It is not only used in the BDSM context but in all sorts of situations where there is a consensual violent protocol going on and where there is potential to go too far. For example, the mixed martial arts fighters in Dicta II perform the sparring session in which they use a tapping signal to break the scene before someone gets injured. A safe word can be a word, sound or a movement and means the situation is always controlled. And that is exactly what I found interesting about this concept.
How did you collect these safe words?
My research team did a great job sourcing the words throughout various online forums and platforms.
When you are talking about your movie Dicta I, you use the phrase “alternative facts”. Could you further elaborate this idea for us?
It refers to the idea of fabricating a sense of truth out of completely false information. I find it particularly relevant for how the political discourse currently works, like a manipulative form of mimicry. Dicta I explores this mimicry by re-collaging a very important text by Bertolt Brecht, Writing the Truth: Five Difficulties, into something that sounds right and truthful but is, in reality, complete nonsense.

“I had no particular training in filmmaking. Perhaps this is why my audiovisual artworks are rather unconcerned with what film should be in terms of structure, story or classical narratives. I follow what feels natural to me.”
The political landscape is quite a serious problem to tackle, what do you feel is your responsibility as an artist in regard to this problem?
I don't tend to say what all art or artists should do, but for me, it is important to be part of the critical mechanism that offers the space for a re-evaluation of the political discourse. In that sense, art for me has a purpose greater than myself.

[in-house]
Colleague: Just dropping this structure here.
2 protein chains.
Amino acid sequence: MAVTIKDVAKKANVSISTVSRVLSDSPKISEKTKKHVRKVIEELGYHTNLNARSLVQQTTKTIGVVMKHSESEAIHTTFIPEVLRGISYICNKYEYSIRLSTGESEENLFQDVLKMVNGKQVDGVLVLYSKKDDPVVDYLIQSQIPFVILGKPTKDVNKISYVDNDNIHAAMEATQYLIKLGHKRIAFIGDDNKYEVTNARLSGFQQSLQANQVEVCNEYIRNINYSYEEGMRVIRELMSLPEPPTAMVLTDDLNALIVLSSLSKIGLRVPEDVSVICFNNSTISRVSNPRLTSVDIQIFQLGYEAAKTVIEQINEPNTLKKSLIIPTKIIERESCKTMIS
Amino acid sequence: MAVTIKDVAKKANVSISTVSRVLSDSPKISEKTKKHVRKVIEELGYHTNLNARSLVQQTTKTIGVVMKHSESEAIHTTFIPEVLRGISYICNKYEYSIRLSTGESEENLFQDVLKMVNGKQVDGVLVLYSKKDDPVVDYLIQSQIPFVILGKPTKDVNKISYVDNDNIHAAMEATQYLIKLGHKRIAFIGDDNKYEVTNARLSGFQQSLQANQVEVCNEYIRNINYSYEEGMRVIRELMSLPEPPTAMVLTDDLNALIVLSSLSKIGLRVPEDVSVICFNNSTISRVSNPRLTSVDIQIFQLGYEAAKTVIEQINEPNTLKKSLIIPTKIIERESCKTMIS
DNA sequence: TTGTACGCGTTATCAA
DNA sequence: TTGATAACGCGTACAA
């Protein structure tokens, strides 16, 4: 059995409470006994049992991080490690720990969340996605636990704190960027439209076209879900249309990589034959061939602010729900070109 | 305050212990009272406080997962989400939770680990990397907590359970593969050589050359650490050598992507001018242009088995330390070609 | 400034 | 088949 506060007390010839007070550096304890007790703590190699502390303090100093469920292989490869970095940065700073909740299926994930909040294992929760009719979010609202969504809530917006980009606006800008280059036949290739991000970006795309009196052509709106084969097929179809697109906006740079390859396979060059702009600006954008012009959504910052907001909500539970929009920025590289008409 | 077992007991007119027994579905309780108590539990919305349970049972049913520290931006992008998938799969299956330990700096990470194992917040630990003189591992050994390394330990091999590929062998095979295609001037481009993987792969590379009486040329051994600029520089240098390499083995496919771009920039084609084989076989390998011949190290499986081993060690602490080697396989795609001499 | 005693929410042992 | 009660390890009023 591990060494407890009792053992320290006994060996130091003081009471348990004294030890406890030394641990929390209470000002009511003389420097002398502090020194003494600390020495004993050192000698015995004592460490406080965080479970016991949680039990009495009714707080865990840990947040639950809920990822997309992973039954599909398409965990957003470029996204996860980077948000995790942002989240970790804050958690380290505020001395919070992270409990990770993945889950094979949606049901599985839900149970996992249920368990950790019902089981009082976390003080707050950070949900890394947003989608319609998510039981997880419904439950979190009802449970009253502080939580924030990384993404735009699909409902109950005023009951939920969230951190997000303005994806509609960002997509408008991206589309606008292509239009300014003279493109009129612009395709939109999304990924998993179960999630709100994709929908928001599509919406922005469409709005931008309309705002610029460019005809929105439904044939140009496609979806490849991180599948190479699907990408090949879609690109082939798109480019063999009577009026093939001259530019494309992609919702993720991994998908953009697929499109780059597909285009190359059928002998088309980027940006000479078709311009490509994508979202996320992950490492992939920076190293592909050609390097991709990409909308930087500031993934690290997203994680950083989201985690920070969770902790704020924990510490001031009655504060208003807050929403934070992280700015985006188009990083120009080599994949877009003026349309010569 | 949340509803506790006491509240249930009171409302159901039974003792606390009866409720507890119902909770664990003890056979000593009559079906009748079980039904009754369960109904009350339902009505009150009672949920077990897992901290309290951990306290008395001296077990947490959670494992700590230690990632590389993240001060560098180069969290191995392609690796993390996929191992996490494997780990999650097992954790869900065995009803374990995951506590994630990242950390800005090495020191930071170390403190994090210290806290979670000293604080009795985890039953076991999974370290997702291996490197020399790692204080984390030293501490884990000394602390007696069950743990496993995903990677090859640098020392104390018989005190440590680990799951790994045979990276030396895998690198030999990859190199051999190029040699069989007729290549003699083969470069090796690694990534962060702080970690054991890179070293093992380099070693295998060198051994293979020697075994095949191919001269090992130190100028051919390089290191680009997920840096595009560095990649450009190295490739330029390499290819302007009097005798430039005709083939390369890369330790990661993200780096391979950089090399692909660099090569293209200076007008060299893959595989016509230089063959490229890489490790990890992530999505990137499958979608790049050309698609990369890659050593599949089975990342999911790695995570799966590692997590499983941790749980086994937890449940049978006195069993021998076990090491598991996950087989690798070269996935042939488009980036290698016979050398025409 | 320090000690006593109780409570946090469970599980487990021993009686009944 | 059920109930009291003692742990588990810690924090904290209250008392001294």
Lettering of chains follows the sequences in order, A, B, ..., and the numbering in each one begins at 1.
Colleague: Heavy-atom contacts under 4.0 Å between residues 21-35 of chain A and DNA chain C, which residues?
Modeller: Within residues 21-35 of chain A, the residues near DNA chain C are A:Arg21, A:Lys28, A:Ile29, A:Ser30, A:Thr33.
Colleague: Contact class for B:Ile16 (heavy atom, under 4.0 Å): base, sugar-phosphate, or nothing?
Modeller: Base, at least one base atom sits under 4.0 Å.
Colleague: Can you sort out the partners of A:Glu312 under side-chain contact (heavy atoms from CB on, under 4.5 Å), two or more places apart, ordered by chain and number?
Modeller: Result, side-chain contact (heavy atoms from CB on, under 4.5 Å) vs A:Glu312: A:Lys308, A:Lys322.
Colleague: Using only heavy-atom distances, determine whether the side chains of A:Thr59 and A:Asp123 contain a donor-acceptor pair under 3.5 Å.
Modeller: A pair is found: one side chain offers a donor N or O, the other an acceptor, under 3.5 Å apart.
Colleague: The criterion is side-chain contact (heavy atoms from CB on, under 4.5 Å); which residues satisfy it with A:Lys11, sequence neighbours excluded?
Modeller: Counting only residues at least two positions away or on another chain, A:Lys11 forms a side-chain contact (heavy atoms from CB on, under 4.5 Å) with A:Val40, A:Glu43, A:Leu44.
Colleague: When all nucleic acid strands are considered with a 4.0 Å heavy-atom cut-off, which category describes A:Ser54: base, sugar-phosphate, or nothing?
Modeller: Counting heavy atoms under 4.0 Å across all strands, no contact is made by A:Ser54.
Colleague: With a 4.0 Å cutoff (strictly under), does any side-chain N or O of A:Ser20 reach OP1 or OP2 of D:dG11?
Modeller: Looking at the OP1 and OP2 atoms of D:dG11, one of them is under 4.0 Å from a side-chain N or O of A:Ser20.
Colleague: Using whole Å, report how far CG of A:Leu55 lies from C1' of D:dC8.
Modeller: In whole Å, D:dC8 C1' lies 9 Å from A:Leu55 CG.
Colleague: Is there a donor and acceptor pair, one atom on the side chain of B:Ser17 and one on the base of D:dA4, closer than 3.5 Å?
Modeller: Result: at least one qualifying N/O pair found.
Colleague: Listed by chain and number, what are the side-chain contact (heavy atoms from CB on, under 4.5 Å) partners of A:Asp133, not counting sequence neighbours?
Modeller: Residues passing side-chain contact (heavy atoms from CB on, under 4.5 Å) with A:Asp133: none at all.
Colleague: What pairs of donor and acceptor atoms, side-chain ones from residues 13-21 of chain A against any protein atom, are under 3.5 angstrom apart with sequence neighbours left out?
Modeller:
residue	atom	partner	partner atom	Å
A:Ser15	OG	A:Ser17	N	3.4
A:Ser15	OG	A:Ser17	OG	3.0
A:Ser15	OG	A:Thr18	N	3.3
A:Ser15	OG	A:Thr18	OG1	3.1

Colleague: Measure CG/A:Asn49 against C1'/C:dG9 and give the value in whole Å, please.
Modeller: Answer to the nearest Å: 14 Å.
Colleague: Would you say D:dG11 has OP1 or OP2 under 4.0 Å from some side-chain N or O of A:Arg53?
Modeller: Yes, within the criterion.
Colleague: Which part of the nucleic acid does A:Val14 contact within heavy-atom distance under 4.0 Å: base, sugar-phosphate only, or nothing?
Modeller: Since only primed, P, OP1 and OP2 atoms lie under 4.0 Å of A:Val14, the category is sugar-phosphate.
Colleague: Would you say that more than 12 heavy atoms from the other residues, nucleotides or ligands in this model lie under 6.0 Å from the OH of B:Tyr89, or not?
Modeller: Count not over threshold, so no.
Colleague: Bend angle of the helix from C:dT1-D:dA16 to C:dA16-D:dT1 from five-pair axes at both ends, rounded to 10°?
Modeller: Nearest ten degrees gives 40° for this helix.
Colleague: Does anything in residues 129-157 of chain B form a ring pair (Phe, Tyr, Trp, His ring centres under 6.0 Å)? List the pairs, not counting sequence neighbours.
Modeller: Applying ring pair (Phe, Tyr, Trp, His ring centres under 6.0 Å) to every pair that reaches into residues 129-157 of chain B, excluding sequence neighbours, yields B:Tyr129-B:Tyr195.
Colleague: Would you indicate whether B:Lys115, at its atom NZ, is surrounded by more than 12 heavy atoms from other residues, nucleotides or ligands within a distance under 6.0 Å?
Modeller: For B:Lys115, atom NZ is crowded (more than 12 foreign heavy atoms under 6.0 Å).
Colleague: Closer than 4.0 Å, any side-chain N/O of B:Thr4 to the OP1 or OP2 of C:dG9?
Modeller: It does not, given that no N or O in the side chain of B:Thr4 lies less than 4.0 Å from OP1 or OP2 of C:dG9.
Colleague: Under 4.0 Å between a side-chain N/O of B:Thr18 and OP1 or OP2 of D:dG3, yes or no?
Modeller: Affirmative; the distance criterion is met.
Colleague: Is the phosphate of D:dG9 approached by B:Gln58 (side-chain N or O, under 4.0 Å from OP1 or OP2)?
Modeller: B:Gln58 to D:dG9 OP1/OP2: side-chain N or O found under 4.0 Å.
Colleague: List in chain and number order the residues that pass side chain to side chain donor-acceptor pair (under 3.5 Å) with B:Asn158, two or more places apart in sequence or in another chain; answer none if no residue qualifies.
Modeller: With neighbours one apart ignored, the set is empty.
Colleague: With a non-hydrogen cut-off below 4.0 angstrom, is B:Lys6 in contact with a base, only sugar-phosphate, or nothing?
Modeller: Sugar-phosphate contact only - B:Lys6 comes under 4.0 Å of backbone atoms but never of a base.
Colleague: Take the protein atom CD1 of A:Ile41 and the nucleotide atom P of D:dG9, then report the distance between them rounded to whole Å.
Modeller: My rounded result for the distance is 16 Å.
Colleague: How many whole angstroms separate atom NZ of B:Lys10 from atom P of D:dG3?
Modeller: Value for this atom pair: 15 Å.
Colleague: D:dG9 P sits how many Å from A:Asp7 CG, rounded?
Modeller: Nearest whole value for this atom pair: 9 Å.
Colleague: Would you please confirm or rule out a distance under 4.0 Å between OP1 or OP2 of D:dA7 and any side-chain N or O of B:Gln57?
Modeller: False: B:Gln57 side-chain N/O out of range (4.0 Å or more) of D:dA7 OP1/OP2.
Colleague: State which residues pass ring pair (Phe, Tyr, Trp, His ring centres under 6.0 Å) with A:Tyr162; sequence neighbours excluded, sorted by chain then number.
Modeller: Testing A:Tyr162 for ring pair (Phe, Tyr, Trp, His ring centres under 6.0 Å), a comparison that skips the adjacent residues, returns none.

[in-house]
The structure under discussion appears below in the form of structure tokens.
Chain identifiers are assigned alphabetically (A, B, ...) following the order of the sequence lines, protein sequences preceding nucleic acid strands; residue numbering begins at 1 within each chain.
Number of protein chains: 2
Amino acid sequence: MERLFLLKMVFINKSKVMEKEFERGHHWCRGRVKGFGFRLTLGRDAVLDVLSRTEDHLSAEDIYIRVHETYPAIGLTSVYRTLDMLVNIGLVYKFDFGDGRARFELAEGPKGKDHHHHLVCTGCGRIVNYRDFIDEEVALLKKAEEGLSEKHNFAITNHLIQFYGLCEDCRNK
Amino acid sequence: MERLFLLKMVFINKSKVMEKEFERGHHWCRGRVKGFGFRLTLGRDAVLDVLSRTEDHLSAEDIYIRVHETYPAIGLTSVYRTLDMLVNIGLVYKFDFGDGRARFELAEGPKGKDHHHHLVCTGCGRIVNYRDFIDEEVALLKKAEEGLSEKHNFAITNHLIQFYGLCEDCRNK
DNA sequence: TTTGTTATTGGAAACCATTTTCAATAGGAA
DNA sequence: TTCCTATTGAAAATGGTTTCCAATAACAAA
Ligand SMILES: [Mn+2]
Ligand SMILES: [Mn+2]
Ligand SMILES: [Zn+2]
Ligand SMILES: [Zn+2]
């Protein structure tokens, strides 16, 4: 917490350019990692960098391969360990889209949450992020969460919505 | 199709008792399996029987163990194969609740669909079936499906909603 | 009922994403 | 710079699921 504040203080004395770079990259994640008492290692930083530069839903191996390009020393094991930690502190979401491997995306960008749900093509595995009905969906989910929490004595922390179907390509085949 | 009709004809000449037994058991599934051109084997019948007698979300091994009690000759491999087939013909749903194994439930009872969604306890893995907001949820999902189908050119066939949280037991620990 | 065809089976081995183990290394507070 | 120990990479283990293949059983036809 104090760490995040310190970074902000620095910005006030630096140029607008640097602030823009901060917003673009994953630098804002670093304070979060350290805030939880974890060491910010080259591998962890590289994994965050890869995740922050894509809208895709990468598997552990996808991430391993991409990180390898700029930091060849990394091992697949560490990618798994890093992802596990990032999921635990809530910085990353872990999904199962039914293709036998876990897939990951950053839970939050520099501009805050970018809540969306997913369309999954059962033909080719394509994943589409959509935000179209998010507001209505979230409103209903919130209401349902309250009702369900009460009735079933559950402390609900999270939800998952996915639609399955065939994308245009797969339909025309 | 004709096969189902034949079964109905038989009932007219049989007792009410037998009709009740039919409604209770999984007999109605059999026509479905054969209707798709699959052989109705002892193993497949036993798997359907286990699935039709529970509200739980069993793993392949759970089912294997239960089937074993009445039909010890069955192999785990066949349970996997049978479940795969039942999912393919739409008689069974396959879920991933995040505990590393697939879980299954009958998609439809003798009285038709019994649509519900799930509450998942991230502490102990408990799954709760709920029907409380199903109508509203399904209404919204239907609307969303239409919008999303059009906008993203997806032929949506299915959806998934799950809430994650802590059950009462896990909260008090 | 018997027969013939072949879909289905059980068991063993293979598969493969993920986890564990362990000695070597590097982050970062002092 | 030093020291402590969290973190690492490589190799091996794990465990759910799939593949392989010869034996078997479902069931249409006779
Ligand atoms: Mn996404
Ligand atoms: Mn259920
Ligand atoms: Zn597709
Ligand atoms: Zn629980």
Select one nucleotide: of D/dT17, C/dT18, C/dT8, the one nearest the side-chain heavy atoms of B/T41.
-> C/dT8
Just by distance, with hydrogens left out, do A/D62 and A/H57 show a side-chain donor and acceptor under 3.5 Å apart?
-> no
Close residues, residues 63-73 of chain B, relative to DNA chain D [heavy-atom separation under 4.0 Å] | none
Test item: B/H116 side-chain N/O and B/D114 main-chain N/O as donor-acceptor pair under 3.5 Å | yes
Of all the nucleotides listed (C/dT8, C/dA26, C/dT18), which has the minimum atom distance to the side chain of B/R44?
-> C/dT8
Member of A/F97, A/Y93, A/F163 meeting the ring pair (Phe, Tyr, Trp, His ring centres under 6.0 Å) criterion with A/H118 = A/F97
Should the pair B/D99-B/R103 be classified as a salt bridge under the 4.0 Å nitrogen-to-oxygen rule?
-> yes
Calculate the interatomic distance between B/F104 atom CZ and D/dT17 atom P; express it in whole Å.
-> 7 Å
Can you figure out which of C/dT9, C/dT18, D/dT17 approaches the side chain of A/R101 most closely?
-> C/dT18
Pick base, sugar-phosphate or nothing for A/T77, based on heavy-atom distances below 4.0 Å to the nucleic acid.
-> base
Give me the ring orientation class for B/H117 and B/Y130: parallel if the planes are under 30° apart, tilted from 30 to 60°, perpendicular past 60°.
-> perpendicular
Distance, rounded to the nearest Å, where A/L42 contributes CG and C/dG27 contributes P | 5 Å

Your film The Third Degree has an interesting setting, as it shows the camera crew through an installation of broken mirrors. Why did you decide to do so?
The Third Degree was a film that came after the problematic filming of the previous film, TK. On the set of TK, I realized that the process of filmmaking can be as violent as the subjects it tries to portray. The Third Degree was my way of trying to bring the question of empathy and togetherness by literally placing the whole process of filmmaking in the position of the subject, and together with the subject. The broken mirrors were necessary because I did not want another film crew filming the film crew filming. The artwork is as much about the empathy, compassion, and understanding as it is about looking at difficult images.
Your films appear to have a violent undertone, why do you like to portray violence?
I think that violence is the undertone of our world. But for me it also relates to the mechanisms of control that make any society functional. I find my works very close to the discord between the seeming state of tranquillity, which is achieved by a set of strict rules and controls in society, and the violent undertones.

With their extreme close-ups, your movies are often a little bit uneasy or uncomfortable to watch. Is this an effect that you strive for? Or does it automatically happen due to the serious themes of your films?
Closing up to the subject is a tool I really like to use a lot. There are few reasons for this, but most the important is that by coming too close to the subject, you somehow lose perspective and the control of the whole image. Much like in real life. Another reason is that it gives a very physical, human feeling to the images. The moments you don't know what is exactly going on and the moments you realize you have been misguided are what make the experience complete. Discomfort comes from the occasional unnatural perspective for the human eye and the intensity of it is, which in the end makes the complete experience even more human.
Do you have any plans for the future?
Quite a few, actually! This year, after shows at Jeu de Paume (on view until May 20) and CAPC Bordeaux, Dicta project is travelling to Museo Amparo in Puebla (Mexico) and in October I will present the project at the National Gallery in Prague. I also plan to film the third part of Dicta early 2019, which is very exciting.

Marjolijn Oostermeijer
Damir Žižić